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    What Really Happens to Your Heart During a Heart Attack?

    Last updated 2 years ago

    Chest pain, trouble breathing, lightheadedness—the symptoms of a heart attack are familiar to most people. But many of us don’t realize what exactly is happening to the body during a heart attack. The better you understand what a heart attack does to your heart, the more prepared you will be should it actually happen to you or someone near you.

    How a heart attack begins. A heart attack happens when there is a blockage in one of your coronary arteries, the blood vessels that bring blood to your heart and permit it to continue functioning. With the flow of blood blocked, the tissue in your heart muscle begins to die. Without quick medical attention, your heart may suffer permanent—and potentially fatal—damage.

    What causes a heart attack? In many cases, a heart attack is the result of coronary artery disease, a condition that happens when your coronary arteries gradually become blocked by cholesterol and plaque. Plaque is a sticky material formed of cellular waste and other substances that become trapped in your blood vessels. Heart attacks can also happen when your arteries suddenly tighten, or spasm, cutting off blood flow.

    What happens after a heart attack? If medical professionals are able to successfully open the blocked artery, your heart will slowly begin repairing itself. Since the damaged tissue will be replaced with scar tissue, however, your heart may be weaker than it was before the attack. The faster your heart attack is attended to, the better the odds are of reducing damage to your heart.

    The emergency room at Largo Medical Center can provide life-saving treatment in the event of a heart attack. We offer state-of-the-art procedures to treat heart problems, including minimally invasive heart surgery. Call (727) 470-6826 if you have any questions, and visit our website to read more about Largo Medical Center.

    Understanding the Surprising Dangers of Sleep Apnea

    Last updated 2 years ago

    More than 18 million Americans suffer from sleep apnea, a disorder that causes periodic breathing disruptions while a person is asleep. The most common type of sleep apnea is obstructive sleep apnea, which results from blocked upper airways. While sleep apnea may not seem like a major health problem, it can have serious consequences if it is left untreated. Here is an overview of some of the potential complications of sleep apnea.

    Heart disease. When you have sleep apnea, you repeatedly stop breathing throughout the night. This not only keeps you from getting adequate sleep, but can also reduce the amount of oxygen your body is getting. For these reasons, having untreated sleep apnea can significantly raise your risk of heart disease and heart attacks, as well as heart conditions such as atrial fibrillation.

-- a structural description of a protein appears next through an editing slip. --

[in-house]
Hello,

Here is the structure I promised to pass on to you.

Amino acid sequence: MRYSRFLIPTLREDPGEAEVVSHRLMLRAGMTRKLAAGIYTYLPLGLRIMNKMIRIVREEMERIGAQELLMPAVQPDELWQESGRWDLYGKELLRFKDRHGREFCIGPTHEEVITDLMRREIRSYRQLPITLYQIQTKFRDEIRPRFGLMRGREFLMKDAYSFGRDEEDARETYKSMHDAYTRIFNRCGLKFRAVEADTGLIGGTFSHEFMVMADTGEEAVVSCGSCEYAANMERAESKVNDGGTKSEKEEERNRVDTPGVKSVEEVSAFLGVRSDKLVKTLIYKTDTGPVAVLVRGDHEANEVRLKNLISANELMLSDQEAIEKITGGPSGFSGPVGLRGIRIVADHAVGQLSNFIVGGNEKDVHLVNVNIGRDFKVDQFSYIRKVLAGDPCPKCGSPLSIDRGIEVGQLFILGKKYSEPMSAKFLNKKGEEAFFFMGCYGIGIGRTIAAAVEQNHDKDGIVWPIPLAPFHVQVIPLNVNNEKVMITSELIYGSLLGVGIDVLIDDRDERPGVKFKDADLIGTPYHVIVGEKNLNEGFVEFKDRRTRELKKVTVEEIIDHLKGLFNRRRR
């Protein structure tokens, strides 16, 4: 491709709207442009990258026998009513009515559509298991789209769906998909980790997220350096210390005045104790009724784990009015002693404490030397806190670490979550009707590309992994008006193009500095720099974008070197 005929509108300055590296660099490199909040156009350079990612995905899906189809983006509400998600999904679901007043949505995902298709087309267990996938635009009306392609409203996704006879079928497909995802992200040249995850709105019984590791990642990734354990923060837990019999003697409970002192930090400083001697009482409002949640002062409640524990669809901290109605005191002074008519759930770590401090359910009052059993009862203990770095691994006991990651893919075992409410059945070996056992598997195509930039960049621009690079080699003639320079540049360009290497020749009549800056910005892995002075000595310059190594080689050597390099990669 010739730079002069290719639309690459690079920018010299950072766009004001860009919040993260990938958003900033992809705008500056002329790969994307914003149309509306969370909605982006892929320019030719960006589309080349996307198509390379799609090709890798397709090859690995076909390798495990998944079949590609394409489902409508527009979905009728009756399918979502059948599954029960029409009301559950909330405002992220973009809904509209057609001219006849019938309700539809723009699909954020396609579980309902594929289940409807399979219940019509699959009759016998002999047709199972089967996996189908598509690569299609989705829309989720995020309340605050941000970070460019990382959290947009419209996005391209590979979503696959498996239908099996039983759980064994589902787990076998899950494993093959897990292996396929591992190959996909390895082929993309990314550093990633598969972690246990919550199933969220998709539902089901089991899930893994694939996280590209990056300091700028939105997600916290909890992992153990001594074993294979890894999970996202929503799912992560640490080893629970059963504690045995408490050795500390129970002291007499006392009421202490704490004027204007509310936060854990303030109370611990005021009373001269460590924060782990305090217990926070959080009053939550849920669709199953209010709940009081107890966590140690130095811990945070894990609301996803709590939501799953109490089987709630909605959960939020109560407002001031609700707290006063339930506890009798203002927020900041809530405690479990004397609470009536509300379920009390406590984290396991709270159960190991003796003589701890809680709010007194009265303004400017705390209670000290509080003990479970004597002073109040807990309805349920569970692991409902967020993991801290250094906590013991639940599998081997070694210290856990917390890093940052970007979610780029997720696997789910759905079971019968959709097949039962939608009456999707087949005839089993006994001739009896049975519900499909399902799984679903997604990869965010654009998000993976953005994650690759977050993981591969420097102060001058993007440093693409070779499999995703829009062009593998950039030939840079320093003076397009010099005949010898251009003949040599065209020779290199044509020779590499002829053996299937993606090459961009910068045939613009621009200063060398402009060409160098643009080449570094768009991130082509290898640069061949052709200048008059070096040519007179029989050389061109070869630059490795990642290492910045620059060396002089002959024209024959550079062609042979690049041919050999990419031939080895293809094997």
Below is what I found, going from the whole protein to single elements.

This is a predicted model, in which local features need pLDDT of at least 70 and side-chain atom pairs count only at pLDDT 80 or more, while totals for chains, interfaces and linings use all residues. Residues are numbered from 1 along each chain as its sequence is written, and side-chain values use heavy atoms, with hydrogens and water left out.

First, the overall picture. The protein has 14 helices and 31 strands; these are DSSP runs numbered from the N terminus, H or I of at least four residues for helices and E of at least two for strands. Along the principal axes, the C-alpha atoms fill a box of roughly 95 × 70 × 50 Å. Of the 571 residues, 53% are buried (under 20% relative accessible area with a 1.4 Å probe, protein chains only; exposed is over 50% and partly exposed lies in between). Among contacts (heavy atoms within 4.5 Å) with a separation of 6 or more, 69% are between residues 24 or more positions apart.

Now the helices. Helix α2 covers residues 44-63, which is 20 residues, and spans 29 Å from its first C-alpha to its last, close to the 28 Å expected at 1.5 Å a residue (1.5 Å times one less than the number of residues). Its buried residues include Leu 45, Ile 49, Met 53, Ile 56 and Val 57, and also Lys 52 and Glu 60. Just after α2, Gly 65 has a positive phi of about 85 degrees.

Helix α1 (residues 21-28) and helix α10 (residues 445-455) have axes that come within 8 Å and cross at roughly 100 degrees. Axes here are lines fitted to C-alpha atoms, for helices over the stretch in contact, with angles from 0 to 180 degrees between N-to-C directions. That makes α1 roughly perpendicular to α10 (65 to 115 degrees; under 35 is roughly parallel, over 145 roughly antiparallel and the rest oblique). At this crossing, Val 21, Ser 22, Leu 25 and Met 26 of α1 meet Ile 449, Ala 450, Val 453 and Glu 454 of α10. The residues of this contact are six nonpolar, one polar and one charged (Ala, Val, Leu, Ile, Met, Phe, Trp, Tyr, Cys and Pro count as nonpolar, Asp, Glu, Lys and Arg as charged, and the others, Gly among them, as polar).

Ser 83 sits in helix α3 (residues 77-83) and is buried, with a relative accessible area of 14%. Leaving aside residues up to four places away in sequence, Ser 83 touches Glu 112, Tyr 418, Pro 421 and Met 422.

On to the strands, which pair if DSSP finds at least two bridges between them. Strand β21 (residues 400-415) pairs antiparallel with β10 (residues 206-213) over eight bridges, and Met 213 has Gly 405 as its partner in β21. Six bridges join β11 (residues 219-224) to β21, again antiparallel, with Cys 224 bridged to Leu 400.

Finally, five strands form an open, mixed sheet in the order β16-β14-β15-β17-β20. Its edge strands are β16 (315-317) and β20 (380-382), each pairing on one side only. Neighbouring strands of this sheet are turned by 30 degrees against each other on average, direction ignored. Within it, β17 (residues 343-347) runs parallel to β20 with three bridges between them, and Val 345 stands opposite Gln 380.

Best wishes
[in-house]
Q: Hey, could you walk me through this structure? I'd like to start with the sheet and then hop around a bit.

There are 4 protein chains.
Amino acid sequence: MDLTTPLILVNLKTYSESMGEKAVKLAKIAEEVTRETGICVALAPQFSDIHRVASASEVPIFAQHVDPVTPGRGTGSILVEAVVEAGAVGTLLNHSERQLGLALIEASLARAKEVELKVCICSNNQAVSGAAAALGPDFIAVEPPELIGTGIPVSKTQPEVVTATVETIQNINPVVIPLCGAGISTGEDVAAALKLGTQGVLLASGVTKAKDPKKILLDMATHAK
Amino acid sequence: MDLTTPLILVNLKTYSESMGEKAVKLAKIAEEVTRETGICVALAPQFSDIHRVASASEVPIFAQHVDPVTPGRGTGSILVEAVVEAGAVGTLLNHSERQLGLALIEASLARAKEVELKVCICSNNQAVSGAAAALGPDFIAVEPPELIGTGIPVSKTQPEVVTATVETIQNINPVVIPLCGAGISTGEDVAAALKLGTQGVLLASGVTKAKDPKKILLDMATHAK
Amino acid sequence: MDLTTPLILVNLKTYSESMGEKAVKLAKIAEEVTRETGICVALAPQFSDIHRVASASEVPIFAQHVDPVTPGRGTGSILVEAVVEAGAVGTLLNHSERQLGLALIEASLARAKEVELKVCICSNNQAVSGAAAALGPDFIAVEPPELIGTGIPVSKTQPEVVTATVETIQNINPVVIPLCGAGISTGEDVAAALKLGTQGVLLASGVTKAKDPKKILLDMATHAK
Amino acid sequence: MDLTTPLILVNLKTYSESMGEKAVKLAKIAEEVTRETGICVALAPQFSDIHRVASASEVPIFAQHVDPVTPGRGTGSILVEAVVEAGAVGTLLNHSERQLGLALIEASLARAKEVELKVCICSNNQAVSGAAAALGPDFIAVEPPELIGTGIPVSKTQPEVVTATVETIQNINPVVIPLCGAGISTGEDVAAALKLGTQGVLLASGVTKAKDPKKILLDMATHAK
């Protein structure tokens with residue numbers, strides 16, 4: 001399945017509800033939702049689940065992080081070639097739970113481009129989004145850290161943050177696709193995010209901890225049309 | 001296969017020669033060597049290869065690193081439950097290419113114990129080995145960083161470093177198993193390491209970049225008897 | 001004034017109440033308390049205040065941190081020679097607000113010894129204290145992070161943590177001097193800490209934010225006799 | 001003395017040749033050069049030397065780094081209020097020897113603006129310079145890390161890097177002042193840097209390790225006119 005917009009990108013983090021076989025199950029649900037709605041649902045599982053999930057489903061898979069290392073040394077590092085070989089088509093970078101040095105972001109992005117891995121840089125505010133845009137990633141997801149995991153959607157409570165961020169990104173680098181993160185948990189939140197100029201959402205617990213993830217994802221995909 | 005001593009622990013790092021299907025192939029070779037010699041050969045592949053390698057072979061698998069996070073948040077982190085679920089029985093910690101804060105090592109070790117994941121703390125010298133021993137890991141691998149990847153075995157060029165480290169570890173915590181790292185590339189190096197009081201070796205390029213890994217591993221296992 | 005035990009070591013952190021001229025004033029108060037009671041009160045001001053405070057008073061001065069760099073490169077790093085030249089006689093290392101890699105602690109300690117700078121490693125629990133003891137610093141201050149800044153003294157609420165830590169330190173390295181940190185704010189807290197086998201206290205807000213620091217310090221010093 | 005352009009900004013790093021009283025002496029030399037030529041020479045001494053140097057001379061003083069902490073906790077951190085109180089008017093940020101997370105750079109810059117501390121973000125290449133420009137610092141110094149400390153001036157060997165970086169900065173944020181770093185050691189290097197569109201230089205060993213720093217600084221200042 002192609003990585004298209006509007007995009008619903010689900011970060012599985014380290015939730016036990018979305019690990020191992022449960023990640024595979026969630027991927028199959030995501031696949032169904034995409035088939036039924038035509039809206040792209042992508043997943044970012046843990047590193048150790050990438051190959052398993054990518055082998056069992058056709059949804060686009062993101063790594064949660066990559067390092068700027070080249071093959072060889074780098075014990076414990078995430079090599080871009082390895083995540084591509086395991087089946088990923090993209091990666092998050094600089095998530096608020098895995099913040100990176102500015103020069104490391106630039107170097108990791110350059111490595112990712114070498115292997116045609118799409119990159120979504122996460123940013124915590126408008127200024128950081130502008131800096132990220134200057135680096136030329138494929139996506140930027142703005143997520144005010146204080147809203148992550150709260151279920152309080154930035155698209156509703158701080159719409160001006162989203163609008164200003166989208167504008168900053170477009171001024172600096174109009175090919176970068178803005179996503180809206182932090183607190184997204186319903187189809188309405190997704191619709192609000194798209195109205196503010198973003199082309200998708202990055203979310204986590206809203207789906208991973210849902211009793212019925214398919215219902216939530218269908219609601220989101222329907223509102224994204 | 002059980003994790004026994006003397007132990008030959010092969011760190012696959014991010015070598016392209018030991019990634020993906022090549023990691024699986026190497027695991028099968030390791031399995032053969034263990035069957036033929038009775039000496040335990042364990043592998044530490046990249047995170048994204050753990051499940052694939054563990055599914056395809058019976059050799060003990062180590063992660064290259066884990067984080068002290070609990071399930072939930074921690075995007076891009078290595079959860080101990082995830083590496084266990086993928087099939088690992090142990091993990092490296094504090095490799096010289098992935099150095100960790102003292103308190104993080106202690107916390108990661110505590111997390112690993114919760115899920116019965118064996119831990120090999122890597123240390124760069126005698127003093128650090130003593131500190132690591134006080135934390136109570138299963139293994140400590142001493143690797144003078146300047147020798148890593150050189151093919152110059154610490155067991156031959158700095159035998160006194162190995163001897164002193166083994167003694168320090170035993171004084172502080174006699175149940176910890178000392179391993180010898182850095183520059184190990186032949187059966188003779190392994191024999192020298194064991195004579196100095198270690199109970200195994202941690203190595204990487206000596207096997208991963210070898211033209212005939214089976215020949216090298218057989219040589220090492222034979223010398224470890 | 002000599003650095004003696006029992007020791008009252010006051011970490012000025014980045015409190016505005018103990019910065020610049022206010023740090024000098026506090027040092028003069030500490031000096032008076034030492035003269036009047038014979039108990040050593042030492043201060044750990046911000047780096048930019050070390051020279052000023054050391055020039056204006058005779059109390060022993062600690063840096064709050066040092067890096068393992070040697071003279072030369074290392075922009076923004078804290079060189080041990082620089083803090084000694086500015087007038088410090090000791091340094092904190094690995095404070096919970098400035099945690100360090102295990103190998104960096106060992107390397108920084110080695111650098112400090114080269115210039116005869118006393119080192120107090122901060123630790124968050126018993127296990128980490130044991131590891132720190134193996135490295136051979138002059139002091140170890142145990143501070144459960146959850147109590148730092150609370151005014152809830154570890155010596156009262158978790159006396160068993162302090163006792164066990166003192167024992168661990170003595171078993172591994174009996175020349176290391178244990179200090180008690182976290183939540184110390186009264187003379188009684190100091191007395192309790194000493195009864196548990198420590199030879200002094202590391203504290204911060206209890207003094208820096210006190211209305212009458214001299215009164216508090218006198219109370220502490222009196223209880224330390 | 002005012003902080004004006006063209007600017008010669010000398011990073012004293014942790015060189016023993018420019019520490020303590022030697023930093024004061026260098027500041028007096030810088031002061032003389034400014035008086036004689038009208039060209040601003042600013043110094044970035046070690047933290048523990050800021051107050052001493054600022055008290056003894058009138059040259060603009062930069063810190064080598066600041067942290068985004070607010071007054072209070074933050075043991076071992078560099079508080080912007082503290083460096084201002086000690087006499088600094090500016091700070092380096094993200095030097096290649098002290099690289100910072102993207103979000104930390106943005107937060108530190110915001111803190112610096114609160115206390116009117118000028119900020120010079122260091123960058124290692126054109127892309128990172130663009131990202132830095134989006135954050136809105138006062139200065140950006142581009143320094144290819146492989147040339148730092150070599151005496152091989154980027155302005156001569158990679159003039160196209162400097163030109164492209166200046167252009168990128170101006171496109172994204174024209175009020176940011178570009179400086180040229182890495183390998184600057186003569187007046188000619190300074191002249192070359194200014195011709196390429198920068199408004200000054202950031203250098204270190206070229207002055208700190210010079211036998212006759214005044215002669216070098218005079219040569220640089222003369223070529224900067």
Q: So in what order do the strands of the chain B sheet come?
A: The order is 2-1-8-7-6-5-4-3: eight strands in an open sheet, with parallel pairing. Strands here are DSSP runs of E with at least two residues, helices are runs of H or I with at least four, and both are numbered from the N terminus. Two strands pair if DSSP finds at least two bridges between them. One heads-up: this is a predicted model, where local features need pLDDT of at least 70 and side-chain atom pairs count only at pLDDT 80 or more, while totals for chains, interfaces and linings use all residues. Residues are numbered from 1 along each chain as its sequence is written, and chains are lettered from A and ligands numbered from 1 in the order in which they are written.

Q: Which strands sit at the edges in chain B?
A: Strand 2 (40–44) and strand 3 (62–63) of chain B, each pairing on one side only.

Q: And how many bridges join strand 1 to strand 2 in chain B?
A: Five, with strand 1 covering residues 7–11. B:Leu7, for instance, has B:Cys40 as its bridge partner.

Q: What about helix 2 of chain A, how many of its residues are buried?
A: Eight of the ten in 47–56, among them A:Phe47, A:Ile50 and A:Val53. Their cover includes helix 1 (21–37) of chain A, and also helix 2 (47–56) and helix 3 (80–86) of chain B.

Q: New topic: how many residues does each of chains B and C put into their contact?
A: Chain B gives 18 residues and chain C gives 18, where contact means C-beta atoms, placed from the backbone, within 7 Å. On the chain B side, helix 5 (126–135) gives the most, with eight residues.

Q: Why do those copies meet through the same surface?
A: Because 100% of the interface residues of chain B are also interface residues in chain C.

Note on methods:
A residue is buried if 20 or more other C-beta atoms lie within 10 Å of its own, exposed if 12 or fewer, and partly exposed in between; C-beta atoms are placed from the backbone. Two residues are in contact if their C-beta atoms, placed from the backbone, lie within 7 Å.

Weight gain. Being overweight makes a person more likely to develop sleep apnea, in part because it leads to the accumulation of fatty tissues in your neck that can make it harder for you to breathe. Having obstructive sleep apnea also makes it more difficult to lose weight. Sleep apnea can deprive you of the energy you need to exercise and can slow down your metabolism.

    High blood pressure. When you repeatedly wake up at night, your body reacts by working harder to get oxygen to your heart, driving your blood pressure up. Even after you wake up in the morning, your blood pressure continues to stay high throughout the day. Having low levels of oxygen in your body can also exacerbate the problem.

    If you suspect that you may be suffering from a sleep disorder, contact the team at Largo Medical Center. We provide a variety of medical services to the Largo community, including pulmonary rehabilitation, cancer care, and stroke treatment. If you would like to learn more about our hospital, call us today at (727) 470-6826. 

    Tasty Foods That Also Keep Your Heart Healthy

    Last updated 2 years ago

    Eating a healthy, balanced diet is essential for preventing heart disease and keeping your heart strong. You may already know that eating plenty of fruits, vegetables, and whole grains is good for your heart, but there are some other heart-healthy foods that may surprise you. As this video explains, raisins, salmon, and dark chocolate are all great foods for your heart.